In 1996, when Microsoft was still ahead of the big technology trends, it launched a small brand called Expedia Travel Services. It hoped to persuade customers to book holidays online. It was not an immediate success. Few households had an internet connection then and, just as importantly, most people thought the idea of buying a holiday through the ether not to mention typing their credit-card details into a web browser plain foolish.
Few think the idea crazy now. Expedia, which Microsoft sold in 2001, has become the world’s biggest travel agent see chart. Last year, through brands such as Trivago, Hotels.com and Hotwire, as well as its eponymous operation, its gross bookings were $39.4 billion. The third-largest travel agent is also an online firm: Priceline, whose brands include Booking.com, made reservations worth $39.2 billion in 2013. Last year online travel agents OTAs had combined bookings of $278 billion, according to Euromonitor, a market-research firm.
Indeed, when it comes to reserving flights, hotel rooms and rented cars for holidaymakers, the online-travel market looks quite mature in many rich countries. PhoCusWright, another research firm, reckons that online booking now accounts for 43% of total travel sales in America and 45% in Europe. Since much of the rest is accounted for by business trips handled by specialist corporate-travel agents such as Carlson Wagonlit, scope for the OTAs’ market to grow seems limited. That explains Priceline’s purchase, announced on June 13th, of OpenTable, a restaurant-reservation website, for $2.6 billion: it sees this as a way to earn commission on another chunk of tourists’ spending. There are some big markets where online bookings have yet to take off. Germans still typically arrange their holidays through traditional travel agents. Although the Chinese now spend more on travel in aggregate than any other country’s population, in 2012 they booked only 15% of their trips by value online, says PhoCusWright. It thinks this will rise to 24% by 2015, making the Chinese online-travel market worth around $30 billion. Much of the expansion will be driven by ambitious local firms. Ctrip, the biggest, makes most of its money from air tickets and package tours to Greater China. But as Chinese tourists become more intrepid—ranging farther afield and no longer shuffling around in big tour groups—online hotel bookings are becoming more important. Ctrip’s hotels division has grown at an average of 25% a year for the past five years, according to Trefis, a stockmarket-analysis firm, and had revenues of $366m in 2013. It will not be long before it eyes Western markets more keenly.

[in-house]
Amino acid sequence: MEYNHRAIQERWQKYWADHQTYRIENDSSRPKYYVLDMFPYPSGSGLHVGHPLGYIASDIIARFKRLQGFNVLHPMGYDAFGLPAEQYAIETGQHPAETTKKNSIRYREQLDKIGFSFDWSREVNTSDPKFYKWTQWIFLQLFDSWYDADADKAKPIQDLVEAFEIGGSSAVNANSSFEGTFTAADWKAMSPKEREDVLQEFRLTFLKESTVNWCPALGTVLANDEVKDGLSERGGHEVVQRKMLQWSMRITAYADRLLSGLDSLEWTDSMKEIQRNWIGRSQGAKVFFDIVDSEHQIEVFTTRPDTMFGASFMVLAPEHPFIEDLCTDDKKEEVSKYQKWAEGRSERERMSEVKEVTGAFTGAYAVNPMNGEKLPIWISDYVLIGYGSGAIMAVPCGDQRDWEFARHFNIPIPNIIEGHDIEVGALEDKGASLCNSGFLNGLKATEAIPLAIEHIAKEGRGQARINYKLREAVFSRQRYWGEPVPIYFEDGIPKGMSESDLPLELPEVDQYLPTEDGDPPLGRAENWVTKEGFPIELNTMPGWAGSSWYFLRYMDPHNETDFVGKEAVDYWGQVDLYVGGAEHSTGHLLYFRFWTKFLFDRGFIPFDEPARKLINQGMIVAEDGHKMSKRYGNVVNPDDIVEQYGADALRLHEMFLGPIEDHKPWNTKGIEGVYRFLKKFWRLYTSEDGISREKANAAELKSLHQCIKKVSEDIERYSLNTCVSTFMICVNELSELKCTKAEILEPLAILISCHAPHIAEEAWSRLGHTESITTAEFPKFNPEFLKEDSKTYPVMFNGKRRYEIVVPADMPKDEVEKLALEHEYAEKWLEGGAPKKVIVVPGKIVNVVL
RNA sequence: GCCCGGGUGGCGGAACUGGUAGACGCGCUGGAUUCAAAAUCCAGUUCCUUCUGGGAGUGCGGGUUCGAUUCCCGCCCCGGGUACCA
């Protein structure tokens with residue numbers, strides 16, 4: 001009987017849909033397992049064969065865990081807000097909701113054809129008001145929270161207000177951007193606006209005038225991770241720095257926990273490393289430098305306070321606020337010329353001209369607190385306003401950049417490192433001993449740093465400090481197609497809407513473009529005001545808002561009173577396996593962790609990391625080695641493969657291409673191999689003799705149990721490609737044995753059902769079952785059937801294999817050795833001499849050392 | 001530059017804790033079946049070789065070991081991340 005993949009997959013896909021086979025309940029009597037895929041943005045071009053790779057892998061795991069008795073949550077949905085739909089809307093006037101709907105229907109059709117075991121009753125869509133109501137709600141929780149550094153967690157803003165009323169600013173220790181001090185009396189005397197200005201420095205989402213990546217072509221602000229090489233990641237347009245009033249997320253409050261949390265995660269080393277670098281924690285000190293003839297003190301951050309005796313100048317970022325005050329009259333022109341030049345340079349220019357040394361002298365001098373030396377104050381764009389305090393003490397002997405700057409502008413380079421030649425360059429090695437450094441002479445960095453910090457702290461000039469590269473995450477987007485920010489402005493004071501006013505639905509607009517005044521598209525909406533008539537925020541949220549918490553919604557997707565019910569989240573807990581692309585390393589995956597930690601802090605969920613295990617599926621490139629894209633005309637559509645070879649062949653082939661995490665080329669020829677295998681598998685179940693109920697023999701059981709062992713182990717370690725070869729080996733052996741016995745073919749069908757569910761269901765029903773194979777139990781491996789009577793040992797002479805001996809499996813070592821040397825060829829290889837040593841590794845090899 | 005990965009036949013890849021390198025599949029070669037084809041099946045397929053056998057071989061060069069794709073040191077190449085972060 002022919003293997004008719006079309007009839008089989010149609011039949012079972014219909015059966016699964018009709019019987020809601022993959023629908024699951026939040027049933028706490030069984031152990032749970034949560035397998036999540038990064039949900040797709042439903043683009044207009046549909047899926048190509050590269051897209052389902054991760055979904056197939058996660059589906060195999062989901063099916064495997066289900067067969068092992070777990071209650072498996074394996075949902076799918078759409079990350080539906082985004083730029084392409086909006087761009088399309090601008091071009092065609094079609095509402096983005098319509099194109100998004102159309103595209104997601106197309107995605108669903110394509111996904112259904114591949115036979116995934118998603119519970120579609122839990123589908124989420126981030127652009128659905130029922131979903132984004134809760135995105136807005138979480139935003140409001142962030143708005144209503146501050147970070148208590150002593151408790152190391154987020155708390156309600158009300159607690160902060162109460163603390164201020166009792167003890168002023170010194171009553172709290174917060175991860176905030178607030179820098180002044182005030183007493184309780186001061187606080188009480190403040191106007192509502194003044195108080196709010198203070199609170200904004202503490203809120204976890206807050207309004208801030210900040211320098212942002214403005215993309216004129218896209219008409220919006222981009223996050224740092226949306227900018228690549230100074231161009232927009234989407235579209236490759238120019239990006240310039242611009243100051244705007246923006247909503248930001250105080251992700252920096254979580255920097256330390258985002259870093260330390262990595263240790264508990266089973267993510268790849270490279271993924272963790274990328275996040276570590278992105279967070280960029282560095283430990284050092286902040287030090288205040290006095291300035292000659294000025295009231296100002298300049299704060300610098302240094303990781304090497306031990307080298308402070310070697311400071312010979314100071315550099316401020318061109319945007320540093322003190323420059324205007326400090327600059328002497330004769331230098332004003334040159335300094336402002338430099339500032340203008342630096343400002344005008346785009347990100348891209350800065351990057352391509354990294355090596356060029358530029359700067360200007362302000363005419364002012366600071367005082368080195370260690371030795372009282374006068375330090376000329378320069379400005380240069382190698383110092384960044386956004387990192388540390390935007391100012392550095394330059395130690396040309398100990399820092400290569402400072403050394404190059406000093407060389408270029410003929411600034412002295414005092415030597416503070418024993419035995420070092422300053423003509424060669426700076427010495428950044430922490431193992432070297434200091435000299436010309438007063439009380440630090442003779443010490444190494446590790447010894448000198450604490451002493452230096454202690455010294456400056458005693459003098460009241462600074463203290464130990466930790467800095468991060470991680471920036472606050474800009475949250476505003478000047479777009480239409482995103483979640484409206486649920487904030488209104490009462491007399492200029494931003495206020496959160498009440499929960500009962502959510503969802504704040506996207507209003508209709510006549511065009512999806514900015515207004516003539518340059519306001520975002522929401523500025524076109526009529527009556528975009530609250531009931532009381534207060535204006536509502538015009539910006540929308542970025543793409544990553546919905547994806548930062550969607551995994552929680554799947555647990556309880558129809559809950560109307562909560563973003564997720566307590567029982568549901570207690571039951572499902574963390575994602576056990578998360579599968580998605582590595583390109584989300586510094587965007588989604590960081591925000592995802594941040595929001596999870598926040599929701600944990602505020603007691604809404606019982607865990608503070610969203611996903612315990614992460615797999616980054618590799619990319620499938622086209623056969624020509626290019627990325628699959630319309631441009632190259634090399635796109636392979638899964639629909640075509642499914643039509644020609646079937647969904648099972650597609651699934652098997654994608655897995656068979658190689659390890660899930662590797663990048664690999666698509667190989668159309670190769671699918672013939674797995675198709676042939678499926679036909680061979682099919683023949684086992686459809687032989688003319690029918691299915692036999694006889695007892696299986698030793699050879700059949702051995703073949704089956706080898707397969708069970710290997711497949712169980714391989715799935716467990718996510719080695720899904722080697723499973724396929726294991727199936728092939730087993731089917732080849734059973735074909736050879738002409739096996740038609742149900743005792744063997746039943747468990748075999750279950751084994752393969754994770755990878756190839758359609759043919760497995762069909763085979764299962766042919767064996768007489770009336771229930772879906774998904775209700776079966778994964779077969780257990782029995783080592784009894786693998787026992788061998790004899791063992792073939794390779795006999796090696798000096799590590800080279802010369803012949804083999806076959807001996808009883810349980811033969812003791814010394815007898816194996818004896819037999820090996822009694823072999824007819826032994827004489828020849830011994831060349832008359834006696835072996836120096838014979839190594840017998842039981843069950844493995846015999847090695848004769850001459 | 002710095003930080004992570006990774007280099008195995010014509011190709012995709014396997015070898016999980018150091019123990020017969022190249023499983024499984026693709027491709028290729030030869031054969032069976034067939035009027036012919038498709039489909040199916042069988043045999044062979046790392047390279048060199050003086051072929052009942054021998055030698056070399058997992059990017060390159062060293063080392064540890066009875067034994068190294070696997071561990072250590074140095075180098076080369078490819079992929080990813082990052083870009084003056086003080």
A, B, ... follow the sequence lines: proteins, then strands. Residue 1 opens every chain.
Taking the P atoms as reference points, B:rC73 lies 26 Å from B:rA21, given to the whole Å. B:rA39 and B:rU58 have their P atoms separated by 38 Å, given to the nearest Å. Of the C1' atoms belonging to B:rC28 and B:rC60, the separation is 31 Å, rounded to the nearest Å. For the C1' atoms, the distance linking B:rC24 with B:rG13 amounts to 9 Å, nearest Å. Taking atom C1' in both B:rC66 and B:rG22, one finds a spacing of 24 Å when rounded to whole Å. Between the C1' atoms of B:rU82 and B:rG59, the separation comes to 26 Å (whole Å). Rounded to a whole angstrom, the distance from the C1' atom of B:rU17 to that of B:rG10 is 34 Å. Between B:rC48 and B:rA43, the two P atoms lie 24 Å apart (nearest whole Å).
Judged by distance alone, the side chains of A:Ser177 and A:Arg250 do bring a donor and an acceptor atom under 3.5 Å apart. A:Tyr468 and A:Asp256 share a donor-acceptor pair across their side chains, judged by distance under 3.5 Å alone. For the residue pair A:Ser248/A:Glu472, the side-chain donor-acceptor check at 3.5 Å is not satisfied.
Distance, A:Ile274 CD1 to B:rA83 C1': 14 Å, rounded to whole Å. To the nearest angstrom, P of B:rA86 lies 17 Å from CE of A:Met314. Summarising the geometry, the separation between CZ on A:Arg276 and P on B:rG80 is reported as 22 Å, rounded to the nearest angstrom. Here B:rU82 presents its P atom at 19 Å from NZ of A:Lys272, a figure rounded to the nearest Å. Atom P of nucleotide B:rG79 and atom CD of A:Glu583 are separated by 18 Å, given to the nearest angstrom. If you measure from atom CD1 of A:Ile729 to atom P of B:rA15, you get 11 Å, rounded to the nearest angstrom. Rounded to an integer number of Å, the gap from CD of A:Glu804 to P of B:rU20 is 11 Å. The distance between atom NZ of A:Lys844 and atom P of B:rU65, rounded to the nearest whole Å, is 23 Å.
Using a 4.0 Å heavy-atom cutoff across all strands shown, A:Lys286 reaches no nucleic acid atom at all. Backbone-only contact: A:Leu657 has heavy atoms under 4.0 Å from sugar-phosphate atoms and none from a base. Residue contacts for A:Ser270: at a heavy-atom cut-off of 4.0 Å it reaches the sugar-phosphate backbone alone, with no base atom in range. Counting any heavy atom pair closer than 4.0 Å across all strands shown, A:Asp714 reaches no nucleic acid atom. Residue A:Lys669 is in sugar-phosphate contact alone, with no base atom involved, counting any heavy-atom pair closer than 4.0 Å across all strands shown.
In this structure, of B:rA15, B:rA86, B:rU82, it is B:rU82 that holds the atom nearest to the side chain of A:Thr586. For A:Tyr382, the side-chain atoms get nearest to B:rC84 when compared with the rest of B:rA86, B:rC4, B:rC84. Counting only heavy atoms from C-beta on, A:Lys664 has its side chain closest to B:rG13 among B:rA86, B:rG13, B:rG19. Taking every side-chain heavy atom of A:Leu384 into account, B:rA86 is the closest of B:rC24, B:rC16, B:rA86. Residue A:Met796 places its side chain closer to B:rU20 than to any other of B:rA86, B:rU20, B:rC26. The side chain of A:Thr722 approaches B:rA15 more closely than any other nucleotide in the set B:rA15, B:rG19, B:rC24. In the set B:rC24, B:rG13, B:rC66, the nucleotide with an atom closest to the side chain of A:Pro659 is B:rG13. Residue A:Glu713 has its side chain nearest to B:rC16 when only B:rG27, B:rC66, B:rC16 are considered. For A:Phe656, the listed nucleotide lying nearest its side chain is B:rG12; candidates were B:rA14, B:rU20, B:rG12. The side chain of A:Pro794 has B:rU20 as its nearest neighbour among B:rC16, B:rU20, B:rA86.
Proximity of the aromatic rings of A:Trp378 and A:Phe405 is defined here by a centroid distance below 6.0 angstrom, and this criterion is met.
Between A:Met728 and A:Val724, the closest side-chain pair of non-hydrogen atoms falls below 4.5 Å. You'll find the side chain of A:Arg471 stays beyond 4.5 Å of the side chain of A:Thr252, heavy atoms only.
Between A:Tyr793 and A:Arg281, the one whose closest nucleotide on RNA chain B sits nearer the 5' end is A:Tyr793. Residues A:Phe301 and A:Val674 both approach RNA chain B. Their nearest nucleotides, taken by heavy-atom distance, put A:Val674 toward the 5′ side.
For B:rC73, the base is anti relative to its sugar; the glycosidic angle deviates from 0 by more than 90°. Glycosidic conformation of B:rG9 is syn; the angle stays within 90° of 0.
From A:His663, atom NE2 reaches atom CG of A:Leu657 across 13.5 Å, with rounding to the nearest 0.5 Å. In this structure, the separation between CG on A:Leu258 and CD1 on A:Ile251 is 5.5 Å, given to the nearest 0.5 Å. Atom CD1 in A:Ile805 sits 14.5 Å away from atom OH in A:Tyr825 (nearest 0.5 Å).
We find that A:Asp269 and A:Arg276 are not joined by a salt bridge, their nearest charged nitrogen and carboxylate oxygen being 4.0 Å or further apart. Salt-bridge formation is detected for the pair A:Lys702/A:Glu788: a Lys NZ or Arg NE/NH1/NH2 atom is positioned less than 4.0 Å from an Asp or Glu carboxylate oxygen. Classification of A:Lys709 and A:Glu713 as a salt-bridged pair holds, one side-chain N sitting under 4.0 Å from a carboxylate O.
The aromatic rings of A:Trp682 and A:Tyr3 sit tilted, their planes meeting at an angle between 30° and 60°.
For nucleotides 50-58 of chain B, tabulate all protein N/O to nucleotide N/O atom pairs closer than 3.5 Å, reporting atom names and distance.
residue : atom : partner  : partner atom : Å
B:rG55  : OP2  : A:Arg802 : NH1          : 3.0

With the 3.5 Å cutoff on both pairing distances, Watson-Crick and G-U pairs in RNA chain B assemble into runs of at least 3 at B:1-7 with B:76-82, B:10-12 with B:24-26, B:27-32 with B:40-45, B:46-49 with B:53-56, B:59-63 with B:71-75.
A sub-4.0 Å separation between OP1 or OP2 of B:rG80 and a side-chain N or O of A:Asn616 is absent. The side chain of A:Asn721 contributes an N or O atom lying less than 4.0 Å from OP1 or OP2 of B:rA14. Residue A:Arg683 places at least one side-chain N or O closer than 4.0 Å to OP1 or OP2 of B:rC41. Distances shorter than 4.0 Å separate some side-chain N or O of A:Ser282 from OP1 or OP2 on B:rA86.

To stay ahead, the big OTAs are having to follow their customers as they switch from desktop computers to smartphones and tablets. By 2017 over 30% of online travel bookings by value will be made on mobile devices, thinks Euromonitor. In part this will be the result of OTAs making their apps more appealing by, for example, adding location services that help travellers find the nearest rooms and restaurants. But it is also because the way people plan trips is changing. It generally takes a family more than three weeks to book a holiday, from deciding to travel to clicking the “pay now” button, in which time they may visit seven websites, says Faisal Galaria of Alvarez & Marsal, a consultant. In future, travellers are likely to become more impetuous, he says, and smartphones appeal to those making last-minute bookings.